W. C. Hopkinson

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William Charles Hopkinson (1880–1914) was an Indian police officer and later an immigration inspector in the Canadian Immigration Branch in Vancouver, B.C., who is noted for his role in infiltration and intelligence on the Ghadarite movement in North America in the early 1900s.[1][2][3]

Early life[edit]

Hopkinson was born in Delhi on June 16, 1880. His father, William Hopkinson, was then a sergeant instructor of volunteers at Allahabad. His mother, Agnes Hopkinson, may have been an Indian woman, who used a European name.[4] Raised in India, he spoke Hindi, but did not speak Punjabi well. He turned to others for translation of materials written in the Gurmukhi script.

Intelligence work[edit]

In 1903 or 1904, he became an inspector of police in Calcutta. Hopkinson came to Canada in late 1907 or early 1908, officially on leave, but pursuing investigations for the Criminal Intelligence Department in India.

In February, 1909, he was hired by the Immigration Branch (part of the Department of the Interior), as an immigration inspector and interpreter. He later became chief assistant to the Canadian inspector of immigration.[5] Hopkinson continued to work for the police in India. He reported to the Deputy Minister of the Interior in Ottawa and to J. A. Wallinger, Agent of the Government of India in London. He was also retained by the U.S. immigration service.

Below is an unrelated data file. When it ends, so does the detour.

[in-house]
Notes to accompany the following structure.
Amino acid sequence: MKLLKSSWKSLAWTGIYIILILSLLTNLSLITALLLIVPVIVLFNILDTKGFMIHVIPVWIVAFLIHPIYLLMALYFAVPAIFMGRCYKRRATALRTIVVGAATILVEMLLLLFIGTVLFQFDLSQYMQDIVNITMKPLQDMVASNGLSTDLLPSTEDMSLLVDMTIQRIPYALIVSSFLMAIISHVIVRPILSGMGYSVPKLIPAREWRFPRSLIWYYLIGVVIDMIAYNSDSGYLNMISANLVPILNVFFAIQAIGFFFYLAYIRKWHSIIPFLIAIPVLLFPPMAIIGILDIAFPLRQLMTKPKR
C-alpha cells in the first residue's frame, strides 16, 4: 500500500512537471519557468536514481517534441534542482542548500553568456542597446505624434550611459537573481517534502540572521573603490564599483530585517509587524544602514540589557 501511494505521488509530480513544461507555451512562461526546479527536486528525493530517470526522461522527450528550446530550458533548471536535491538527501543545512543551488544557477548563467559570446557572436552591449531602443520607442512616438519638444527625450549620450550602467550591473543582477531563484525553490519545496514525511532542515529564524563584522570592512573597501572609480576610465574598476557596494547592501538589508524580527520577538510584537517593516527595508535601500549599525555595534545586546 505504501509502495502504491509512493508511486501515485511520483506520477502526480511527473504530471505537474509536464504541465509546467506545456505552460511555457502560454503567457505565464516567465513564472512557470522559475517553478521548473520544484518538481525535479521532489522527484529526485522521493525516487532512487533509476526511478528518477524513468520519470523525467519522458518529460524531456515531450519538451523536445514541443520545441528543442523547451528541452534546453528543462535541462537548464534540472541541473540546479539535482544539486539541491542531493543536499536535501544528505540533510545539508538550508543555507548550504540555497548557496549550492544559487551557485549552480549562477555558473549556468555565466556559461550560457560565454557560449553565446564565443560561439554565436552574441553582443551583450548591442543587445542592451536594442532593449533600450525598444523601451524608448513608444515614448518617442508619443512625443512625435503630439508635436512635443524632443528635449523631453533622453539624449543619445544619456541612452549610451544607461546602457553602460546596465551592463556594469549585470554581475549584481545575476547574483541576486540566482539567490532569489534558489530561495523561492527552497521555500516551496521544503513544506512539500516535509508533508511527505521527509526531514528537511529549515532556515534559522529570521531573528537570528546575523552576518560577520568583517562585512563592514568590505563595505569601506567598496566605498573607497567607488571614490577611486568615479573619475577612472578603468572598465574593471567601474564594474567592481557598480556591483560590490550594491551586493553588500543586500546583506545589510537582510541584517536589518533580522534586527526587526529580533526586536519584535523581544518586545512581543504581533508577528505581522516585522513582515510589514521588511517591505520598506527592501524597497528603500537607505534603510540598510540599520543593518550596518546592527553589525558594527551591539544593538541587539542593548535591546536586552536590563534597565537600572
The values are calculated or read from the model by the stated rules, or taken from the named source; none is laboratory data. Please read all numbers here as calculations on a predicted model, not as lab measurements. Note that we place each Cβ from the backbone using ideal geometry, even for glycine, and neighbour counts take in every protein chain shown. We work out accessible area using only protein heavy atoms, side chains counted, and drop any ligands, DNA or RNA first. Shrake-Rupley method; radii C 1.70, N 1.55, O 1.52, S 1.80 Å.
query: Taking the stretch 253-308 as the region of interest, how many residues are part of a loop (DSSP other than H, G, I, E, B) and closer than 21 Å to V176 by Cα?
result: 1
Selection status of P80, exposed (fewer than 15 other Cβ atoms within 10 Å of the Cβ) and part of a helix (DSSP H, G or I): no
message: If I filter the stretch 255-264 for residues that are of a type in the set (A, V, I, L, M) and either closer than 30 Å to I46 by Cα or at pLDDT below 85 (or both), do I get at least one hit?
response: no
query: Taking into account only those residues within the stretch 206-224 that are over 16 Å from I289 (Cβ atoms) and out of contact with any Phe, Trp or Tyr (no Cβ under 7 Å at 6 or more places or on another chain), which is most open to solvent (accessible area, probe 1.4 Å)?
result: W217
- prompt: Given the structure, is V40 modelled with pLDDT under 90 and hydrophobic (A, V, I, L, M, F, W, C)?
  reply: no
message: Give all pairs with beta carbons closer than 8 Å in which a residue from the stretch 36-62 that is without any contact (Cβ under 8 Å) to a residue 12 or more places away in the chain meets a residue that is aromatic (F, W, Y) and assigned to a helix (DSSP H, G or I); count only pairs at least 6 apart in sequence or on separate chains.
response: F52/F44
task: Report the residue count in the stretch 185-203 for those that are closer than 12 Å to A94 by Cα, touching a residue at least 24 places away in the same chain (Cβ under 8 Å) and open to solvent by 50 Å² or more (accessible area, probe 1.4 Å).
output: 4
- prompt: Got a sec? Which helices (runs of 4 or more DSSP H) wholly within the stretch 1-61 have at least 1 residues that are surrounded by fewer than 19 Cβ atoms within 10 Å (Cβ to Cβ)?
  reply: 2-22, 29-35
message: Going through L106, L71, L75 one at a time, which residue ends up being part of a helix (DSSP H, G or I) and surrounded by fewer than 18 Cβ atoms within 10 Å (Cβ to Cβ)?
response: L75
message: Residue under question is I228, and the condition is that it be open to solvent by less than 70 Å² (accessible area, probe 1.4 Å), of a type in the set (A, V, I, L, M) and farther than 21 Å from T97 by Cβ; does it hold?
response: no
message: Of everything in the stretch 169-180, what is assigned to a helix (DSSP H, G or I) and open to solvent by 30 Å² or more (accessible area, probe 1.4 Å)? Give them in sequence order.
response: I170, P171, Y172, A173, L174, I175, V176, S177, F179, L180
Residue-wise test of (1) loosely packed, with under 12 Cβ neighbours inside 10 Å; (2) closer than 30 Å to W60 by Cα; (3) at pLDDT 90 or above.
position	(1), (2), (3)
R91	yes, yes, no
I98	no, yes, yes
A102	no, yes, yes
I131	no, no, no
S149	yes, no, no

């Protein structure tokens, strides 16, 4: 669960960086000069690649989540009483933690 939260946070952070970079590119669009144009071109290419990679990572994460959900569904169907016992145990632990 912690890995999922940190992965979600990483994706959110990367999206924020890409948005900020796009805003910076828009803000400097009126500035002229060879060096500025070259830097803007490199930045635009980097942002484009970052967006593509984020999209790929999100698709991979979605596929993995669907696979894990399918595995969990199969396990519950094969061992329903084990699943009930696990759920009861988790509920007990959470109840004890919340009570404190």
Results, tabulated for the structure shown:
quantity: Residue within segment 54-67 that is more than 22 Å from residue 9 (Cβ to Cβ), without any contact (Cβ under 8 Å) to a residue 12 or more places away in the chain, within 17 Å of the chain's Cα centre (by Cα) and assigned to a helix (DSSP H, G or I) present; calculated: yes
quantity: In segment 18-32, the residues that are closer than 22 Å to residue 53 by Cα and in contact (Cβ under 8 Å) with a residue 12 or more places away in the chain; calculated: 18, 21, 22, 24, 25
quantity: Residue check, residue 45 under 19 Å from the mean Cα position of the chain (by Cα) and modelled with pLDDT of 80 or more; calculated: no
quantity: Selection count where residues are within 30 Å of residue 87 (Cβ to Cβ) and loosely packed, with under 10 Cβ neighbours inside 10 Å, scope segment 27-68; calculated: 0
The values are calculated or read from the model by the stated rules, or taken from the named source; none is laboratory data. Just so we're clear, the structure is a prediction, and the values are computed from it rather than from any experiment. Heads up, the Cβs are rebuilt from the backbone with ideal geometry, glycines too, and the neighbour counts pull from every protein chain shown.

By 1910 Hopkinson was actively involved in monitoring the Indian immigration and the nationalistic opinions and outlets in North America, especially Canada, and was the principal agent responsible for comprehensive British intelligence in the Pacific coast.

He openly attended public meetings in British Columbia and down the coast in Washington, Oregon and California, to gather information on Indian nationalists. He used a network of informants to provide additional information. During that time he was subjected to accusations of bribery and to threats by the objects of his intelligence work. Hopkinson was successful in infiltrating the Ghadarite movement after its conception, and in 1914 he was involved in the Komagata Maru incident.[6]

Komagata Maru incident and aftermath[edit]

During the incident he acted as an interpreter for the Immigration Branch when passengers were questioned.

In mid-July, 1914, prior to the departure of the Komagata Maru, a local Ghadarite, Mewa Singh, was arrested while re-entering Canada from Sumas, Wash., attempting to bring weapons into Canada. Hopkinson helped to secure his release with a minor fine.

On Aug. 31, 1914, one of Hopkinson's informants, Harnam Singh, was found murdered in Vancouver. On Sept. 3, 1914, another informant, Arjan Singh was shot dead in Vancouver. On Sept. 5, 1914, another informant, Bela Singh, was arrested and subsequently charged with murder for killing two local Ghaderites, in what he claimed was self-defence.